And she really is the beating heart of this movie. While she ends up in a much different place from where she began, she actually undergoes very little in the ways of character development, but she’s just an amazing character to watch. And one of those things I value in these kinds of characters is that they utilize both their brain and brawn, something I mentioned with the Major, who thinks about how she’s gonna kick ass, and then does it. Erin eventually rigs traps, one of which has unintended consequence, and the way the movie is made we really get a sense of her thought process in a very visual way, and yet we’re pleasantly surprised by what happens because she’s thinking on a different level than us.

And so you have these two pieces, this First Girl shall we say, and the revisionist element, where we have these two amazingly film literate guys taking horror back in an age where the same old shit gets circulated because this genre is so trend-heavy, and one of the trends is just one-upping Scream, even in good movies like Tucker and Dale vs. Evil. Adam Wingard and Simon Barrett just wanted to create a fun movie, and it works so well that the potential criticism that you can only have a kickass girl in one of these non-serious horror movies seems mostly irrelevant.

This movie made a lot of money for its budget, but it didn’t necessarily have the cultural penetration on the same level as say The Cabin in the Woods, which would be more of a game-changer. Horror movies from here must then feature cool chicks on their own volition, and a way to do that perhaps is have personnel coming to horror from elsewhere. You’re Next was the combination of horror, specifically home invasion, and this independent scene known as mumblecore, which was this mini-movement started in the early 2000s out of function, basically a bunch of actors who weren’t getting work began to cast themselves in their own movies. One example is Lena Dunham’s debut Tiny Furniture, and Linklater’s Before Sunset, which is weird because that’s the second of three movies.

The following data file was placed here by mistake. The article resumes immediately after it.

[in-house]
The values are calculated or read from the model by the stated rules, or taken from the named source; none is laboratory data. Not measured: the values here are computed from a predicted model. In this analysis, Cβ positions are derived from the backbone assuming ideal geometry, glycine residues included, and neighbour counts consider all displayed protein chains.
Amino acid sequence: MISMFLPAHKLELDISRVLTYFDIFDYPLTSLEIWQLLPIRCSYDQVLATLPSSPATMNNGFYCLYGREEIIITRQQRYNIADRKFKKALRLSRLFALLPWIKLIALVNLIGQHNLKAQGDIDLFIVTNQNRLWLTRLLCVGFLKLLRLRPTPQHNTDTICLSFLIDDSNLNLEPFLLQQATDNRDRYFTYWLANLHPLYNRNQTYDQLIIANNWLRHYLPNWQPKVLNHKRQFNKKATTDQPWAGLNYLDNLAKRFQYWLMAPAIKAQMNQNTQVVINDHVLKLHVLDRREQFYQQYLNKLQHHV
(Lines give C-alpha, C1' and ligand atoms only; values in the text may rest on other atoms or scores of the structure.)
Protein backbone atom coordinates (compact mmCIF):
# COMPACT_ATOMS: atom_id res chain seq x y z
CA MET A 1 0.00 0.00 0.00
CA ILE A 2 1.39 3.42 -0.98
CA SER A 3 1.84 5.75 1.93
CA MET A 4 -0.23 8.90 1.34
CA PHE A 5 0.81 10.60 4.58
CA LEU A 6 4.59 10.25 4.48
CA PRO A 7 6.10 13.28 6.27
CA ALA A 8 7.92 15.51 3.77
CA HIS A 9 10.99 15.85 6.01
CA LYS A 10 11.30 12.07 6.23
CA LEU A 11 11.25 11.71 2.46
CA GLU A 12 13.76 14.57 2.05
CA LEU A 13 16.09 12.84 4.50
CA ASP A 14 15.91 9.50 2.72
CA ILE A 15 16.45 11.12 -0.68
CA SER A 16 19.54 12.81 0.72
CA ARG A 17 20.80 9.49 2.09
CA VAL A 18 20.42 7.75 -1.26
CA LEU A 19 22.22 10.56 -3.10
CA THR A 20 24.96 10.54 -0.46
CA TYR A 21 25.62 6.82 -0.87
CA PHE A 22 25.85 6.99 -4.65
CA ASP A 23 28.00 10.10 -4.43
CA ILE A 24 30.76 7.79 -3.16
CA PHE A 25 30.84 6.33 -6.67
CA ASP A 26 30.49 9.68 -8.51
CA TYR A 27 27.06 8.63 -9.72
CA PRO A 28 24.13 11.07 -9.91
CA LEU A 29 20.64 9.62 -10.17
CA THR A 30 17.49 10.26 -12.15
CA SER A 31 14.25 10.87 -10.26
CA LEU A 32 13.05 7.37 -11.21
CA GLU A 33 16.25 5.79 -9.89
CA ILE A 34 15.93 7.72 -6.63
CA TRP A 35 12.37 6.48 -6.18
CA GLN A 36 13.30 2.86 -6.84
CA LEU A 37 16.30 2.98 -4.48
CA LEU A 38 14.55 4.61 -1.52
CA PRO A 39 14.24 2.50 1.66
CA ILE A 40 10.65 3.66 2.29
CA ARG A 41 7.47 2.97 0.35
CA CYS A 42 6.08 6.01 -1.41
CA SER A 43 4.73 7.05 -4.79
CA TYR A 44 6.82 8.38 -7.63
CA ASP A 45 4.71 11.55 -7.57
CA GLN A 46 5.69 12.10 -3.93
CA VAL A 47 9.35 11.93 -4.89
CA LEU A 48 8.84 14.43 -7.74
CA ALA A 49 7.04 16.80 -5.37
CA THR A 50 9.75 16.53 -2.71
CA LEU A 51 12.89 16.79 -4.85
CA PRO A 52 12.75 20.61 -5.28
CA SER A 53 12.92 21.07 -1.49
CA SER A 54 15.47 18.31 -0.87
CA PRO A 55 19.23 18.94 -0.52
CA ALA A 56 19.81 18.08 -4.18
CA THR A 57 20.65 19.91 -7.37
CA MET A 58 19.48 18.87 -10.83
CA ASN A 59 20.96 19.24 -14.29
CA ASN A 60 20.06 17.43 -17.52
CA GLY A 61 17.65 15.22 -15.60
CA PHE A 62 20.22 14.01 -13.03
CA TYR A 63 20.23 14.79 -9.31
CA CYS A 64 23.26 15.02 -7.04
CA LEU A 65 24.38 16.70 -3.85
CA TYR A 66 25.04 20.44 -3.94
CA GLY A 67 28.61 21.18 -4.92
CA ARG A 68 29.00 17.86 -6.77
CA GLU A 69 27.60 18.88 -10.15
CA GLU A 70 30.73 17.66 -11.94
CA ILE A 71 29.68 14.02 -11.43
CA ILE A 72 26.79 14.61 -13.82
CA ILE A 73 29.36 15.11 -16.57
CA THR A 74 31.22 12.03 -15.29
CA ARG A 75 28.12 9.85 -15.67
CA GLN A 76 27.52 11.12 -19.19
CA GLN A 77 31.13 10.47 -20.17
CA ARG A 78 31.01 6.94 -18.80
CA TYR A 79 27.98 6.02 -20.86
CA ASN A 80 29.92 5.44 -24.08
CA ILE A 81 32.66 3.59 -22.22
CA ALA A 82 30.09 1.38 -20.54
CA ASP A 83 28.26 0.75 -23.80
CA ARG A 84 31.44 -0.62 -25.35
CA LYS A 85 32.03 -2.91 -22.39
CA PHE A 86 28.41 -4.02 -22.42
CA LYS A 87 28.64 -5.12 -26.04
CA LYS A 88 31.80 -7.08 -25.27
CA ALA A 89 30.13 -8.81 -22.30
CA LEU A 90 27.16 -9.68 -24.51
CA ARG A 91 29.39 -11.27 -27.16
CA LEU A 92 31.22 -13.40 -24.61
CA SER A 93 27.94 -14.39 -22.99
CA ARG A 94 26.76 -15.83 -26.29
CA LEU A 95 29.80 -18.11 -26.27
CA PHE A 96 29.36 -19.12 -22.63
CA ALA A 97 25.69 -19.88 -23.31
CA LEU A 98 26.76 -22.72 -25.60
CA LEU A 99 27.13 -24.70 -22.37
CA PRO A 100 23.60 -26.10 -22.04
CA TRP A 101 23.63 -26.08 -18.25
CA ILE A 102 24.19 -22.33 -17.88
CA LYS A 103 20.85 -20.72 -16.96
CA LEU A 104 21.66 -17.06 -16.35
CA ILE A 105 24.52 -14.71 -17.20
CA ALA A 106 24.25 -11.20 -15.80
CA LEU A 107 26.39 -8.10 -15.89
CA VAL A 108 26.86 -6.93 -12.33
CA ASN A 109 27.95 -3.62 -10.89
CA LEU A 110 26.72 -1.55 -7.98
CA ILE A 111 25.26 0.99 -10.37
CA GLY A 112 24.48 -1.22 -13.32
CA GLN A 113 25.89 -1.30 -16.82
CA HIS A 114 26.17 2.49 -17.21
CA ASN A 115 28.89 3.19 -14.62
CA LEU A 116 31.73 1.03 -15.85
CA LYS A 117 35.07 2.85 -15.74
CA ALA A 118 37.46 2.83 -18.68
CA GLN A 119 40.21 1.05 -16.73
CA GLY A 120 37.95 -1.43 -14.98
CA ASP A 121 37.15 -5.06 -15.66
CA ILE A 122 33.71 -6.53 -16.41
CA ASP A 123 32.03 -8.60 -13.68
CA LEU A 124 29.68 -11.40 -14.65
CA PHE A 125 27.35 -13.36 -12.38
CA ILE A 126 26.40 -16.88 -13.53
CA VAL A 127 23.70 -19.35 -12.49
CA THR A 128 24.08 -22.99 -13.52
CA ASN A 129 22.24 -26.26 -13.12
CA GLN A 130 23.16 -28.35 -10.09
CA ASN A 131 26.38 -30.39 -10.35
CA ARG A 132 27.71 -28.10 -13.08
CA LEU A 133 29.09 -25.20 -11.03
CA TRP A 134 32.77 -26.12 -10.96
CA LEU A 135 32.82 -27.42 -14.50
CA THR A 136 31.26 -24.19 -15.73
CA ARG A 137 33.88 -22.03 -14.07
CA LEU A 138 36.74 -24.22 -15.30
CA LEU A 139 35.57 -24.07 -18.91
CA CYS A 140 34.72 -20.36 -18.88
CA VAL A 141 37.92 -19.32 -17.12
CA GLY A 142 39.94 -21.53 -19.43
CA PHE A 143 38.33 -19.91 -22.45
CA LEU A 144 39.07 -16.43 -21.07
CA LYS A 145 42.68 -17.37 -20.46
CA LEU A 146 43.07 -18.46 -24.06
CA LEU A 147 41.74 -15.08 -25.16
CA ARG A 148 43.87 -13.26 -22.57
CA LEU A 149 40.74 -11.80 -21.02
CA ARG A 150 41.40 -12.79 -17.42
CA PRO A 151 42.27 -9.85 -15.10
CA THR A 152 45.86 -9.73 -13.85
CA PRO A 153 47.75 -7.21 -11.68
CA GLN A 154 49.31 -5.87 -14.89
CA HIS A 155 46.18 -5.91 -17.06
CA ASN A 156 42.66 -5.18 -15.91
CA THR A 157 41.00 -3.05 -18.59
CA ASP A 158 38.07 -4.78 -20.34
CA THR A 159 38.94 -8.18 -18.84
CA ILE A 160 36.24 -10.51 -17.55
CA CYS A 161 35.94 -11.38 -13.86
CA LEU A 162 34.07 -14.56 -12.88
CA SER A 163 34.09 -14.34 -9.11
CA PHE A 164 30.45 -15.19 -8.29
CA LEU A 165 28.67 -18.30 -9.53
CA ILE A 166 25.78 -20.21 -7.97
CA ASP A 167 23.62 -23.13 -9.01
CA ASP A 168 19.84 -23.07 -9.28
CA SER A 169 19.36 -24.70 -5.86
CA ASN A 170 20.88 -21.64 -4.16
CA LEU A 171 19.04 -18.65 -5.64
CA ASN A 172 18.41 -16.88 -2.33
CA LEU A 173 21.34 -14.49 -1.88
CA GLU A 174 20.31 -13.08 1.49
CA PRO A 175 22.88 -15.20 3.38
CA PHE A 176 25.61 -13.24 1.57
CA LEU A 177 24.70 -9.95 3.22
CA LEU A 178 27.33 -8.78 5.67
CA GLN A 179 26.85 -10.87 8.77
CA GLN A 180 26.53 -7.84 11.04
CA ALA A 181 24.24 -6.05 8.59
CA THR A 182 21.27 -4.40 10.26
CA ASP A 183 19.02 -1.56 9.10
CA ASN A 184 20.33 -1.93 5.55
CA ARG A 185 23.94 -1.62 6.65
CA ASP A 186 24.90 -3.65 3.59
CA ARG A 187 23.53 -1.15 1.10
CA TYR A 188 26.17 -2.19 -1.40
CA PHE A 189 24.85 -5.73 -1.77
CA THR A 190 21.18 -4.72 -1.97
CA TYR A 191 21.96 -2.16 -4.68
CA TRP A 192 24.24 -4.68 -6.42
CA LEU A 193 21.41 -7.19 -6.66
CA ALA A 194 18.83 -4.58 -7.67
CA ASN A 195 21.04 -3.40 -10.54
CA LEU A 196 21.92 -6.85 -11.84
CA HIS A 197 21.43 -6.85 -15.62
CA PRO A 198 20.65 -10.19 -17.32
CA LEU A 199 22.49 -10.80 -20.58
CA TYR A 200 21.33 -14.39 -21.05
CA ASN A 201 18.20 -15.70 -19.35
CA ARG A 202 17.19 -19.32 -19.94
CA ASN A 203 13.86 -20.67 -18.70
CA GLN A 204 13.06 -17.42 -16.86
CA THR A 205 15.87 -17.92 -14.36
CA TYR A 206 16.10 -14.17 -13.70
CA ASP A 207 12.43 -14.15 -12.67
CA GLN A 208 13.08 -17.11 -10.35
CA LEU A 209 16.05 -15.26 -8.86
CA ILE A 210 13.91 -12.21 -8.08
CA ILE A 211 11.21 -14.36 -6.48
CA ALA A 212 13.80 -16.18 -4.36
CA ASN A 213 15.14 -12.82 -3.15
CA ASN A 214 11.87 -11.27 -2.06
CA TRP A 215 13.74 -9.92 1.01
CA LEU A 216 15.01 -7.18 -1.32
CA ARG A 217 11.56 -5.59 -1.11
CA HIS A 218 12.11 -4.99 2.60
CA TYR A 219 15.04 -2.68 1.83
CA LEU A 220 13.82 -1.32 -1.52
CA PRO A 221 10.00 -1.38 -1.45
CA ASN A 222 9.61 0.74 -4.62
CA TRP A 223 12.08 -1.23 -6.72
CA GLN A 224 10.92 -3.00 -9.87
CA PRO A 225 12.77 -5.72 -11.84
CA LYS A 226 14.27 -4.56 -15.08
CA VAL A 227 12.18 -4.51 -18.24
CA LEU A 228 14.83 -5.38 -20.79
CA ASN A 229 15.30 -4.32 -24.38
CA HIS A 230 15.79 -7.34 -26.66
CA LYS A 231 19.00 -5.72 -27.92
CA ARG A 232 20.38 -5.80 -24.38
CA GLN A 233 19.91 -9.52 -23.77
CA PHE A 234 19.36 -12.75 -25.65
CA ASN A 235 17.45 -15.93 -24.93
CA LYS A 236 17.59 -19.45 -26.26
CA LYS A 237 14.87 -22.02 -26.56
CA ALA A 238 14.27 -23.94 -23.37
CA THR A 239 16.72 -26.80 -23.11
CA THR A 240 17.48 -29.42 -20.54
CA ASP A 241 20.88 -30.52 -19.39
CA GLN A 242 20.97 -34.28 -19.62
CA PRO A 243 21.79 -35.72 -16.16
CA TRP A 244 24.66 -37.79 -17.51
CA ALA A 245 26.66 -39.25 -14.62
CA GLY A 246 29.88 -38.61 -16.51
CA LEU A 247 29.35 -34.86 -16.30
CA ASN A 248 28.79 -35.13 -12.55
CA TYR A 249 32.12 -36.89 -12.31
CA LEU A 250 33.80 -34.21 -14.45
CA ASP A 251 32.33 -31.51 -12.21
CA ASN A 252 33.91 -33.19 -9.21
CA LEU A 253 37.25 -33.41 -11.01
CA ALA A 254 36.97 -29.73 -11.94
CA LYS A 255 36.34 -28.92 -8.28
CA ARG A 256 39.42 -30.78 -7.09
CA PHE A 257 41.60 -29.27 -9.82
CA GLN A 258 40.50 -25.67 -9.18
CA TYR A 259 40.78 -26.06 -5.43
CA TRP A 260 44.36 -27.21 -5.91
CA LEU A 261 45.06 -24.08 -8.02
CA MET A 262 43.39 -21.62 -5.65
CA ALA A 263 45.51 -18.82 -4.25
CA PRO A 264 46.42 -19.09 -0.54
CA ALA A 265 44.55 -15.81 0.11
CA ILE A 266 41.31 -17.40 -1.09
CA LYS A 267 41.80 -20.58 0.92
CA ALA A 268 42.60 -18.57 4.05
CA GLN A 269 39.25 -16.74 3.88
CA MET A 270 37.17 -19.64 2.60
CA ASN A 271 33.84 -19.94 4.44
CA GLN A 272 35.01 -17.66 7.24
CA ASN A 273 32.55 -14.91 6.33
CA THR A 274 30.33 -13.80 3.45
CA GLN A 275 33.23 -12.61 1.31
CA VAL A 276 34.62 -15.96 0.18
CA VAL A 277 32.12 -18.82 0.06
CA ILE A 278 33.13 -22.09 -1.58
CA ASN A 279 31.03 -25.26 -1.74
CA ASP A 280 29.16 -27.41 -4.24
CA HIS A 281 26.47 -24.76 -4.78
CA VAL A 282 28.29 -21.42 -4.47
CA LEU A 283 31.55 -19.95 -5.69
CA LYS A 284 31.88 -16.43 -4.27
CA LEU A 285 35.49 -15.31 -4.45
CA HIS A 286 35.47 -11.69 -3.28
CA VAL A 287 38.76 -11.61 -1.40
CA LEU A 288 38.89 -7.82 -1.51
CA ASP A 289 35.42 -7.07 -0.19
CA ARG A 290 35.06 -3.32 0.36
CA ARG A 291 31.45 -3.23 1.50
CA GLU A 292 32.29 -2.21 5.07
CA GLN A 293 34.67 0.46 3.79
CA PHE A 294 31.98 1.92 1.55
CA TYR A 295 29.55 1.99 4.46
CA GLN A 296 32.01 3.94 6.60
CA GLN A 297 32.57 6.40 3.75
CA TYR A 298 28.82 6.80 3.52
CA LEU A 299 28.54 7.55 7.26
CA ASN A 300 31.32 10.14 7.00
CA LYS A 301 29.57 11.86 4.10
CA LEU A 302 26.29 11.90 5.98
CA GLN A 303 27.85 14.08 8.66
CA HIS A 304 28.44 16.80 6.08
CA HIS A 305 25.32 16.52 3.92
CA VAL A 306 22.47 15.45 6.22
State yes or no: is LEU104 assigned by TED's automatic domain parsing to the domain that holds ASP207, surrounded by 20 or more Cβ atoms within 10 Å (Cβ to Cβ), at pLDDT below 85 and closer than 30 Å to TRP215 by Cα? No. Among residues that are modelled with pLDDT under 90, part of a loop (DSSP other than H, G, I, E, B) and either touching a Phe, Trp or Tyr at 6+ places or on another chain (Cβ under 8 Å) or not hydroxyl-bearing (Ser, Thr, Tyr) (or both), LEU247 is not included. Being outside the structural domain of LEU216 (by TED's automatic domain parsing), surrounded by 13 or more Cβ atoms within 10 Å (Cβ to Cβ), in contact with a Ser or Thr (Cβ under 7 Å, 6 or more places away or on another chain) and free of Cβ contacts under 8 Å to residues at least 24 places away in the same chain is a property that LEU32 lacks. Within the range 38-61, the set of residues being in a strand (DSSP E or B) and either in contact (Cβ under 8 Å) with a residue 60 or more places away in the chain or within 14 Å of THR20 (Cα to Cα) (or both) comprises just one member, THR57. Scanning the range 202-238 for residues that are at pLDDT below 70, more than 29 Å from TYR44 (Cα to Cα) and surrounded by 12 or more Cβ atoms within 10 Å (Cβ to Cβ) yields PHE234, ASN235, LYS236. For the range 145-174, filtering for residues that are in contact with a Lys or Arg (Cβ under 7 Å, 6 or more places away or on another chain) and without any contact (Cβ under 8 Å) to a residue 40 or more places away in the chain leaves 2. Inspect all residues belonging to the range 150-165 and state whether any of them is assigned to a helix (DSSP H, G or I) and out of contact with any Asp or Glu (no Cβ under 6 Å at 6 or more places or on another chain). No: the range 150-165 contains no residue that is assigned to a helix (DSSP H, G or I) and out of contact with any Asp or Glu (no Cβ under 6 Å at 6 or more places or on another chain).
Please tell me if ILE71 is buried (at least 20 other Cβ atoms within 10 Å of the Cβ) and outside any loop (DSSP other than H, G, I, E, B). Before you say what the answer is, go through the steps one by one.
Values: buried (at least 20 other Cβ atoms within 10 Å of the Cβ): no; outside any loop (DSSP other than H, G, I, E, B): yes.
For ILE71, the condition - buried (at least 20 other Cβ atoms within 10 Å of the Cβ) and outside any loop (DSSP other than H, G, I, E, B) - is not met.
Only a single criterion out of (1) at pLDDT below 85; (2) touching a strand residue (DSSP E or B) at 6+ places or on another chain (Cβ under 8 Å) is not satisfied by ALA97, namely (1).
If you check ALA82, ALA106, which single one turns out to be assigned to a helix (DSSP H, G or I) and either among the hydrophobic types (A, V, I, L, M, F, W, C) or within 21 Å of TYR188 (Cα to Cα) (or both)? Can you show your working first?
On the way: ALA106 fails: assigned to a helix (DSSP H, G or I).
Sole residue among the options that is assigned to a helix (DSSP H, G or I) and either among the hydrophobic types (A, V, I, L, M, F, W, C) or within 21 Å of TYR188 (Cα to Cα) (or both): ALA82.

Anyway these are mostly romantic comedies, and because of the whole actor/director thing, they were characterized by naturalistic dialogue and performances. You’ll notice in the dinner scene and elsewhere in You’re Next that people are talking over each other and there’s a lot of ands and ums. It’s uncommon in film because it’s not something you would write in a screenplay, and because it’s a nightmare for sound editing, the talking over people aspect. So what they’ll do I guess is have some actors in some takes not speaking, just pretending to talk. Which sounds like a headache.

But this and other circles are where Wingard and Barrett are coming from, not only horror movies. They cite John Woo and Home Alone as influences, alongside Alien and The Strangers. Horror always seemed like a community, both with the people who make the movies, and those who watch them. Even with this movie, the cast is filled out with a lot of directors — Joe Swanberg, Ti West, and the guy at the beginning, Larry Fessenden. And they specifically reached out to Barbara Crampton because of her roles in the classic Stuart Gordon movies Re-Animator and From Beyond. So culture and community, these things go hand in hand.

The only negative thing I can dredge up to say about You’re Next is a critical exclusion of the film’s very title…

So in the end, Crispin is trying to phone Felix, who’s just been blended, and of course, Erin picks up, and Crispin’s like revealing his plan, that indeed he was behind the plot as well as Felix and Zee. So, covered in blood, Erin stays on the line as Crispin’s like hey what’s going on, and I expected her the whole time to say, “YOU’RE NEXT.”